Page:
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‘new museum are(nt) rubbish’

Written by RSS Poster Daly History Blog on the 03rd September 2017 at 15:58 - Posted in Military Blogs

It’s been really interesting, over the past few years, visiting newly redeveloped museums. And even more interesting reading the various reviews. Lets face it, we all like a good moan. And even more, we like to try and knock down … Continue reading →

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What is Military History Now?

Written by RSS Poster Daly History Blog on the 05th August 2017 at 10:22 - Posted in Military Blogs

I’ve been watching some of the debates centred on military history with great interest. The Centenary of the Third Battle of Ypres (or is it Paschendaele?!) and the release of the film Dunkirk have inspired much navel-gazing and hand-wringing from … Continue reading →

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HNoMS Helge Ingstad

Written by RSS Poster Daly History Blog on the 04th August 2017 at 18:15 - Posted in Military Blogs

HNoMS Helge Ingstad, a Norwegian Navy Otto Svedrup class Frigate entering Portsmouth last week escorting the USS George HW Bush.Filed under: Uncategorized

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USS Phillipine Sea

Written by RSS Poster Daly History Blog on the 04th August 2017 at 10:37 - Posted in Military Blogs

USS Phillipine Sea, a Ticonderoga class cruiser of the US Navy, called in at Portsmouth last weekend escorting the Nimitz class aircraft carrier USS George HW Bush. It’s on it’s way home after a week-long exercise. Time for a paint … Continue reading →

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Book Signing – Saturday 2 August 2014

Written by RSS Poster Daly History Blog on the 28th July 2014 at 22:33 - Posted in Military Blogs

Hi all! I know that it’s been a long time – I’m still recovering after D-Day 70! – but just to let you all know that I will be signing copies of ‘Portsmouth’s World War One Heroes’ at Waterstones in … Continue reading →

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IT Band = History?

Written by RSS Poster Daly History Blog on the 13th June 2014 at 21:43 - Posted in Military Blogs

Well it seems like weeks since I’ve last updated here – in fact, its been months! After getting frustrated with the lack of progress with my IT Band, I finally bit the bullet and went to see Cliff at Kings … Continue reading →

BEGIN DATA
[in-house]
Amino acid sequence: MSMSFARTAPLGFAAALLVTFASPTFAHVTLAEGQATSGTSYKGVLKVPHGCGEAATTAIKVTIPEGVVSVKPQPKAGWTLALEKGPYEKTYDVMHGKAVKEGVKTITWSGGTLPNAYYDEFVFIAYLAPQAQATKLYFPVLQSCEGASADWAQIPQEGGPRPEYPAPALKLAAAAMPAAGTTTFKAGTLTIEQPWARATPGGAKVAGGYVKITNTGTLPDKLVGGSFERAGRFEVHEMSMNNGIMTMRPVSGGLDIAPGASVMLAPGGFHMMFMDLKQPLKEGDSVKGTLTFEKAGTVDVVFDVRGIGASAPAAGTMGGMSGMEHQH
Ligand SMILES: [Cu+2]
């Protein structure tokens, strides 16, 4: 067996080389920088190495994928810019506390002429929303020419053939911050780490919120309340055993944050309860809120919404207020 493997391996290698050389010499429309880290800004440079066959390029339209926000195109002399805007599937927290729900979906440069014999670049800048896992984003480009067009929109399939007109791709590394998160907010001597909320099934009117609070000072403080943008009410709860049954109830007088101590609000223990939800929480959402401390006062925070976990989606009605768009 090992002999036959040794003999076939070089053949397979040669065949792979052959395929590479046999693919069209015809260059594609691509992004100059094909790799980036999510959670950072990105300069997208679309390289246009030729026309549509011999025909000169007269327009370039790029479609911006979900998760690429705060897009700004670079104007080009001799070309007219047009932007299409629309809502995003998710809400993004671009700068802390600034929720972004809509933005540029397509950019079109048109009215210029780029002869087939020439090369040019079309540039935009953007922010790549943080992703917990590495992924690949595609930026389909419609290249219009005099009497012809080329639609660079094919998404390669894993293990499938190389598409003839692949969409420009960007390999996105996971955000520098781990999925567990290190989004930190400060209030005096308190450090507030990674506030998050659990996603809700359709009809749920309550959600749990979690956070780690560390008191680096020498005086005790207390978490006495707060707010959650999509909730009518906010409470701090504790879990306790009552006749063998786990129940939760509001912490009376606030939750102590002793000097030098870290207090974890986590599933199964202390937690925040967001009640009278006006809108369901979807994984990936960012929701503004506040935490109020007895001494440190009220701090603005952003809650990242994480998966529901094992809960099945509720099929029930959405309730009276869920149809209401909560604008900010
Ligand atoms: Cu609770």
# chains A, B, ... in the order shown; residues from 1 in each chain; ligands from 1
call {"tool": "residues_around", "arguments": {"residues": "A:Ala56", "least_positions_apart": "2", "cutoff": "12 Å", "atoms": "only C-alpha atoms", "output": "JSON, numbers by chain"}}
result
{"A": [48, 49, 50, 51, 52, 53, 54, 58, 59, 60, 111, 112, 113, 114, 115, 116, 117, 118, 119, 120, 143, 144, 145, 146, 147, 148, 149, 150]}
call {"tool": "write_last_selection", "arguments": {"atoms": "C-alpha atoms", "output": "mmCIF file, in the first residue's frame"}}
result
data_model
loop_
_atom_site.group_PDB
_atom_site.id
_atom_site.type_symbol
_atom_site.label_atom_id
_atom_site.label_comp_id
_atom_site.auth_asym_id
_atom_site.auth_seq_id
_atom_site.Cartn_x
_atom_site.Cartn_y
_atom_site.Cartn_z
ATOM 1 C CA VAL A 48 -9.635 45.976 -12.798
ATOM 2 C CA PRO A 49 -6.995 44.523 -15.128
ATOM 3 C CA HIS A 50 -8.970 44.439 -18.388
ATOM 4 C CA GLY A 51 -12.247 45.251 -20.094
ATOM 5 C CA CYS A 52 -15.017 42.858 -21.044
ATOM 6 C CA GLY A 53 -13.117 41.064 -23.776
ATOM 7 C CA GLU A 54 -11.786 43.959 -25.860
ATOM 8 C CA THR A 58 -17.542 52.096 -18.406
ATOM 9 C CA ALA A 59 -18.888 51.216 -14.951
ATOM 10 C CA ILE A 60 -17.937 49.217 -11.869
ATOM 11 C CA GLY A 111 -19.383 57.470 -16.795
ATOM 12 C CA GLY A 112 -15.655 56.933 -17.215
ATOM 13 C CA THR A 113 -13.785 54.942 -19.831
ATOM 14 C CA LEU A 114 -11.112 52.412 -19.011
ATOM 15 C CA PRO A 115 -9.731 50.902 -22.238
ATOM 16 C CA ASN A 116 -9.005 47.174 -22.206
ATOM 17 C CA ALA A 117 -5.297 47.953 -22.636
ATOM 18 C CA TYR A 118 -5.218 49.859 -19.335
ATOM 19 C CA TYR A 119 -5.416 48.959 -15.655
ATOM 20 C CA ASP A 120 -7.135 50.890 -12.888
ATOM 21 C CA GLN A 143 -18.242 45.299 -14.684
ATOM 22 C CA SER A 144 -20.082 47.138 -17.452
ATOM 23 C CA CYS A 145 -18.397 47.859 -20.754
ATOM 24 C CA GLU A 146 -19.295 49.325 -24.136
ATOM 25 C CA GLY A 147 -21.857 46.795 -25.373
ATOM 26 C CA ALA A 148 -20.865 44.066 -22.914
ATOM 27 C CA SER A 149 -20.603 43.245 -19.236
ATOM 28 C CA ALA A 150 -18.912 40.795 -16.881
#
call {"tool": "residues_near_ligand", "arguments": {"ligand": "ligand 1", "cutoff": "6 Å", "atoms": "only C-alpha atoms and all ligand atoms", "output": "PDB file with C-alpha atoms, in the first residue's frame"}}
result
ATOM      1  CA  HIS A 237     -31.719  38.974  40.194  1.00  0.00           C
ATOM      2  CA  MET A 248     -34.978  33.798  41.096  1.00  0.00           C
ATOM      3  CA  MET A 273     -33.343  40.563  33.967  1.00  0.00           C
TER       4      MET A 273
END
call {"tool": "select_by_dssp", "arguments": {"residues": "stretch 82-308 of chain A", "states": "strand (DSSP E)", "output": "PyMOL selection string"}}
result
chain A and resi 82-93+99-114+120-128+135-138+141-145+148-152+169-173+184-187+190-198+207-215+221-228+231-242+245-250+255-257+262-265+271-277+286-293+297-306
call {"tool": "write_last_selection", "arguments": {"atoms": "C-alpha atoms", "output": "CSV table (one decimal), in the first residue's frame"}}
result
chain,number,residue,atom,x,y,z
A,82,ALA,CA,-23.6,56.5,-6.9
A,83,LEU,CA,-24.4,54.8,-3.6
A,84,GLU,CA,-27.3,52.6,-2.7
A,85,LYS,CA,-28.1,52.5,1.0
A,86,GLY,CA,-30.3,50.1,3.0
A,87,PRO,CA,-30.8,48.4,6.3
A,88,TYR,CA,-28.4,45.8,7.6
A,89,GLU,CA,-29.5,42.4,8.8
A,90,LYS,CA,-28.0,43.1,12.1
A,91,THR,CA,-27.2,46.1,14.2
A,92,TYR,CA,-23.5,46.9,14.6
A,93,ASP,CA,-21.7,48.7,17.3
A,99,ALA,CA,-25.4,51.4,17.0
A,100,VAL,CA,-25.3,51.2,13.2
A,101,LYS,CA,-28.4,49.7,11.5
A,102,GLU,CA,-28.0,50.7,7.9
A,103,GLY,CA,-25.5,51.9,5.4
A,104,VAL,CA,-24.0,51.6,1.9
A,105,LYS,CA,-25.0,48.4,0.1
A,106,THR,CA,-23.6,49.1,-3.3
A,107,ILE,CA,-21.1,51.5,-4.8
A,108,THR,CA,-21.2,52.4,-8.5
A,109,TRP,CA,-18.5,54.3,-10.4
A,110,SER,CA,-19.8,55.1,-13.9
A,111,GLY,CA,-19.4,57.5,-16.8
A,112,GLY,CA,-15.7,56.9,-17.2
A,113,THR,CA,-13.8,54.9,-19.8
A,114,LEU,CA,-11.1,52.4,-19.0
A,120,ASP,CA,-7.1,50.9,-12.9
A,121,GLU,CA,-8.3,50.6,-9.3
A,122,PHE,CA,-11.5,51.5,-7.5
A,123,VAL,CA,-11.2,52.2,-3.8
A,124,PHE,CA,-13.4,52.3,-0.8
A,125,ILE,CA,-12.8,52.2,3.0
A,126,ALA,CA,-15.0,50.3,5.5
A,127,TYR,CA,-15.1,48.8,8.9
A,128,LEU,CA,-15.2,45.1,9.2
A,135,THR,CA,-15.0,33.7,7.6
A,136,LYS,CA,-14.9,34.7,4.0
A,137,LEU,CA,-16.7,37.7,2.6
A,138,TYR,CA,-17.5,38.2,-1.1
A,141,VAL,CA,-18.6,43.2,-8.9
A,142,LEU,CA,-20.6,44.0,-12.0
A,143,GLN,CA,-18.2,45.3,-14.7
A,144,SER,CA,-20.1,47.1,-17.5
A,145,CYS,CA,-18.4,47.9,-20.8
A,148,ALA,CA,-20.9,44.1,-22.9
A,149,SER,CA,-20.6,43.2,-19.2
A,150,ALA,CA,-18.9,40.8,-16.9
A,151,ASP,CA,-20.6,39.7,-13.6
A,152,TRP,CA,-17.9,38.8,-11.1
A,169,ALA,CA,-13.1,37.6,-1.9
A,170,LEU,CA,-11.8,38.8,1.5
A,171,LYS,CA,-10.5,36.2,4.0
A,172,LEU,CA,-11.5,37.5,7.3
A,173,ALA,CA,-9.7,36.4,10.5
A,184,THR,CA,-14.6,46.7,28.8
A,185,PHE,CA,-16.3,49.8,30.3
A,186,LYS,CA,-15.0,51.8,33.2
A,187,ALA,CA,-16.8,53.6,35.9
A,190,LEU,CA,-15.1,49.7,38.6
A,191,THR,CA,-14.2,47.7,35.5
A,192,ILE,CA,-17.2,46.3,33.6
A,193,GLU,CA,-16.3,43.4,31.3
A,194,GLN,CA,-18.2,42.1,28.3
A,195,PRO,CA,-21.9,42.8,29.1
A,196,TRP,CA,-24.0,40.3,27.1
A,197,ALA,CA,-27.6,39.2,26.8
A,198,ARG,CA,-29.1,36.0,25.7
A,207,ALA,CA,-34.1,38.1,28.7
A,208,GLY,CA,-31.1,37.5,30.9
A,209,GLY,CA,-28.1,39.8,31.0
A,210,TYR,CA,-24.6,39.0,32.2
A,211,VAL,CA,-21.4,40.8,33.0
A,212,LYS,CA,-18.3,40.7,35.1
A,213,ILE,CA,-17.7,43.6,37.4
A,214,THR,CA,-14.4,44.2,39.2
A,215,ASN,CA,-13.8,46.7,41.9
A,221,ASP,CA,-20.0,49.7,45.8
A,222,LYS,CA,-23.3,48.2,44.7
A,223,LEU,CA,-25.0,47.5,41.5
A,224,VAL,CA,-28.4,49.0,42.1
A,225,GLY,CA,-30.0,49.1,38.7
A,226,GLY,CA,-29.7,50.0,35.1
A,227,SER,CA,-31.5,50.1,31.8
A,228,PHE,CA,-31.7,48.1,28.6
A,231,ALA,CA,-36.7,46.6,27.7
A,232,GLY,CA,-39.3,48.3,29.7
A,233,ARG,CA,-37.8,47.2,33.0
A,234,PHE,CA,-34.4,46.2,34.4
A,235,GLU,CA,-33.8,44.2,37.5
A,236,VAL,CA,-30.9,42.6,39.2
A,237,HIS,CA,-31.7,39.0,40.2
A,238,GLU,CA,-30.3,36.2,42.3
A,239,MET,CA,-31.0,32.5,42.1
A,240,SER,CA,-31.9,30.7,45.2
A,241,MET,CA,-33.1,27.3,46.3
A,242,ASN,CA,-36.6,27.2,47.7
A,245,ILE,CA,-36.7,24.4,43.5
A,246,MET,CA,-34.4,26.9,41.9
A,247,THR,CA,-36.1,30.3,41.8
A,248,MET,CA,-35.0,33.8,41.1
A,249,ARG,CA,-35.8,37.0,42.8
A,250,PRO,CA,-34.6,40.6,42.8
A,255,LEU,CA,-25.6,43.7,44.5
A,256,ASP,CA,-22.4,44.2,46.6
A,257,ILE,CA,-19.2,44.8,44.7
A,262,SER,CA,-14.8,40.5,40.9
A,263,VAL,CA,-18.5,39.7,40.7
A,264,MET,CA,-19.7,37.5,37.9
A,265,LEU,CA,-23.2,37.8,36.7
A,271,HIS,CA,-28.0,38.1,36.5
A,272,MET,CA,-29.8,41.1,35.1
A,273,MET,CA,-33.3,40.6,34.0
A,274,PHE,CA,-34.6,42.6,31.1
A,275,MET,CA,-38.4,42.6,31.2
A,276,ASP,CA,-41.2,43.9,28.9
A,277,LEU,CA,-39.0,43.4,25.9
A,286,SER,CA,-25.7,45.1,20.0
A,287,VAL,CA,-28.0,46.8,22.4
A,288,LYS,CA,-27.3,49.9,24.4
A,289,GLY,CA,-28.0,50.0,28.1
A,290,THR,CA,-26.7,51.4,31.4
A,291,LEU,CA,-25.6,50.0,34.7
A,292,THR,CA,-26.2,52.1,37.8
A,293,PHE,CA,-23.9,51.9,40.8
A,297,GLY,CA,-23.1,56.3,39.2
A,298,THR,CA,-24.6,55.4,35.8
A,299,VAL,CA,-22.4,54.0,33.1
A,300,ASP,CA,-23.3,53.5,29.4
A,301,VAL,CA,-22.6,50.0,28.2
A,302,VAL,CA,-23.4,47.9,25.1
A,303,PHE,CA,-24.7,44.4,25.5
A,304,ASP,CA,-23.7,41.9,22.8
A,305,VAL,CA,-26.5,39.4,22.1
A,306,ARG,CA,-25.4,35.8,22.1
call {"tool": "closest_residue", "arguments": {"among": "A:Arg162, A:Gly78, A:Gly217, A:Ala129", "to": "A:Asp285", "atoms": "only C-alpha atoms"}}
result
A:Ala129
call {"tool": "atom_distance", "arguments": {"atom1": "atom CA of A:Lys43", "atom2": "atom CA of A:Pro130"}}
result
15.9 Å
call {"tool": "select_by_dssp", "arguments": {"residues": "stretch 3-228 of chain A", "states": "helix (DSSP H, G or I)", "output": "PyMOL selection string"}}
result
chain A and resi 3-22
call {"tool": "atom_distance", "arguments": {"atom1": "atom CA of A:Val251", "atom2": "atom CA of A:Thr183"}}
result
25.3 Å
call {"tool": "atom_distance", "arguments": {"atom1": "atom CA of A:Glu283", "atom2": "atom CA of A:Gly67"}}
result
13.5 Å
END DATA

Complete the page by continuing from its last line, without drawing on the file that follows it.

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Military History: is there anything new to learn?

Written by RSS Poster Daly History Blog on the 16th May 2014 at 0:10 - Posted in Military Blogs

Last weekend I spent a very interesting couple of days working at our D-Day 70 Community Conference. As well as a visit to Southwick House which served as Eisenhower, Montgomery and Ramsay’s headquarters in the days prior to D-Day (I’d … Continue reading →

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D-Day on your Doorstep

Written by RSS Poster Daly History Blog on the 06th April 2014 at 18:41 - Posted in Military Blogs

The D-Day landings and the campaign in North West Europe in 1944 and 1945 are normally thought of as beginning in Normandy on 6 June and ending in Berlin on 8 May 1945. As usual with anything military history related, the real story behind the scenes is much different. The whole campaign from D-Day onwards depended on much preparation in Britain for months, if not years afterwards. In fact, virtually every corner of Britain will have some kind of connection with D-Day. Continue reading →

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The Long Long LONG Trail: First World War on the TV (part 1)

Written by RSS Poster Daly History Blog on the 20th March 2014 at 23:21 - Posted in Military Blogs

With the centenary of the outbreak of the First World War looming, we have already seen a steady increase in the amount of programs related to the First World War on television. Here’s my assessment of what we have seen … Continue reading →

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Afghanistan, Vehicles, and Urgent Operational Requirements

Written by RSS Poster Daly History Blog on the 20th February 2014 at 22:54 - Posted in Military Blogs

This week's Top Gear had a very interesting segment about the British Army's use of 'soft-skinned' vehicles in Afghanistan. It is a subject that has been well written about, but now that Operation Herrick is winding down, is it time to pose some questions on British military procurement? It is well known that the British Army entered the campaigns in Iraq and Afghanistan relying almost solely on the faithful Land Rover for patrolling. Was this a case of simply retaining equipment that had been intended...
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